Linda Garrison, who has sailed on about 125 cruises in her 15-plus years as cruise writer for About.com, has also noticed the shrinking space devoted to ship libraries and the increasing number of passengers toting e-readers. And she’s observed something that seems counterintuitive: Oftentimes, the bigger the ship, the smaller the library. “Large cruise ships just have too many things to do, and most of their guests are not on vacation to sit in a quiet space reading a book,” Garrison said. “On the flip side, smaller luxury ships without a lot of onboard activities or entertainment often have larger libraries.”
From Which cruise ship library is right for you? - The Washington Post
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On Reading Issues of Wired from 1993 to 1995

In “Scenarios,” a special edition from 1995, the guest editor Douglas Coupland took it upon himself to compile a “reverse time capsule,” which he deemed “not a capsule directed to the future, but rather to the citizens of 1975.” What artifacts, he asked, “might surprise them most about the direction taken by the next 20 years?” Included in the capsule—alongside non-tech items such as a chunk of the Berlin Wall, Prozac, and a Japanese luxury sedan—were a laptop (“more power in your lap than MIT’s biggest mainframe”), an Apple MessagePad (“hand-held devices are replacing secretaries”), and a cellular phone. Scanning my apartment, I can spot progeny of all three. One suspects that, were we to engineer our own reverse time capsule today and ship it back to the citizens of 1995, they might not be all that surprised by the direction we’ve taken. They might think they’d seen this future already—in the pages of Wired.
From On Reading Issues of Wired from 1993 to 1995 - The New Yorker
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The Web’s Creator Looks to Reinvent It

Still, not all the major players agree on whether the web needs decentralizing. “The web is already decentralized,” Mr. Berners-Lee said. “The problem is the dominance of one search engine, one big social network, one Twitter for microblogging. We don’t have a technology problem, we have a social problem.” One that can, perhaps, be solved by more technology.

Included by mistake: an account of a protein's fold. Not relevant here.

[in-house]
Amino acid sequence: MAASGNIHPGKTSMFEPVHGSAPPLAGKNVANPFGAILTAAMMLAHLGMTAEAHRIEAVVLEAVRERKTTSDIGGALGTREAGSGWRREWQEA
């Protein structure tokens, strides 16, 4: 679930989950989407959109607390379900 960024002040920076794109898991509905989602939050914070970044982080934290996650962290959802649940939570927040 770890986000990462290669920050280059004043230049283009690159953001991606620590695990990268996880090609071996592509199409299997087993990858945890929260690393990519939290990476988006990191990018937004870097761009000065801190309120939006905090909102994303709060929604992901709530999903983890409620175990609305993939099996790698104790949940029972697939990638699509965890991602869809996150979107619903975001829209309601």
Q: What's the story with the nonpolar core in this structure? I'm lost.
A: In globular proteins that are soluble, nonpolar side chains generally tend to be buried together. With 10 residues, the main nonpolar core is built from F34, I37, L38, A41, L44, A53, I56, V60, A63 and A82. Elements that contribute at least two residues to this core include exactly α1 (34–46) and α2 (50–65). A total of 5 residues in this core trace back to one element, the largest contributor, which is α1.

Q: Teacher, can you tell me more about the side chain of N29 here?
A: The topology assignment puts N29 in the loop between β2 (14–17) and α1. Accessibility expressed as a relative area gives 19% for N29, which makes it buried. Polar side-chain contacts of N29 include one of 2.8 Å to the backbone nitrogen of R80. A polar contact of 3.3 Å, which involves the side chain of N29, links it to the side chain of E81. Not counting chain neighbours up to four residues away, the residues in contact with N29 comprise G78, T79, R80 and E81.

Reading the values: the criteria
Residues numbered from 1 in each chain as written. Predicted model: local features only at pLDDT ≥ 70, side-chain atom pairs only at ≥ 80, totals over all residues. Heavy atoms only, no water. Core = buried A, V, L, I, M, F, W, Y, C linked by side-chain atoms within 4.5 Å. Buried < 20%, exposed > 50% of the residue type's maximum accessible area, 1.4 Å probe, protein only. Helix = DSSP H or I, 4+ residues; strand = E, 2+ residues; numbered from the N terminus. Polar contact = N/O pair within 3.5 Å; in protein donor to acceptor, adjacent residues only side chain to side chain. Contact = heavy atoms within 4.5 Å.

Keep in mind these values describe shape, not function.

From The Web’s Creator Looks to Reinvent It - The New York Times
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The Web’s Creator Looks to Reinvent It

Still, not all the major players agree on whether the web needs decentralizing. “The web is already decentralized,” Mr. Berners-Lee said. “The problem is the dominance of one search engine, one big social network, one Twitter for microblogging. We don’t have a technology problem, we have a social problem.” One that can, perhaps, be solved by more technology.
From The Web’s Creator Looks to Reinvent It - The New York Times
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You May Soon Binge Books Just Like You Binge Netflix

But publishing company Farrar Straus and Giroux believes the TV model can lend momentum to a book series. In a move that takes as much from Victorian novels as from limited-run Netflix series, the publisher’s FSG Originals imprint is experimenting with serialized fiction. After releasing Lian Hearn’s fantasy novel Emperor of the Eight Islands in late April, FSG Originals will offer the three remaining books in her Tale of Shikanoko tetralogy—including Autumn Princess, Dragon Child, out today—before the end of September.
From You May Soon Binge Books Just Like You Binge Netflix | WIRED
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With Bookshots, James Patterson thinks he’s invented the “Uber of books”

If short, face-paced novels don’t seem particularly novel, that could be because innovation in publishing doesn’t seem to resonate with readers. Profitable book and reading “disruption” hasn’t born out: Speed reading apps had a moment a few years ago, as did snack-themed ebooks, but neither has stuck. So perhaps Patterson would do best to call these what they are—short, fast reads. If his track record is any indication, he’s sure to sell books.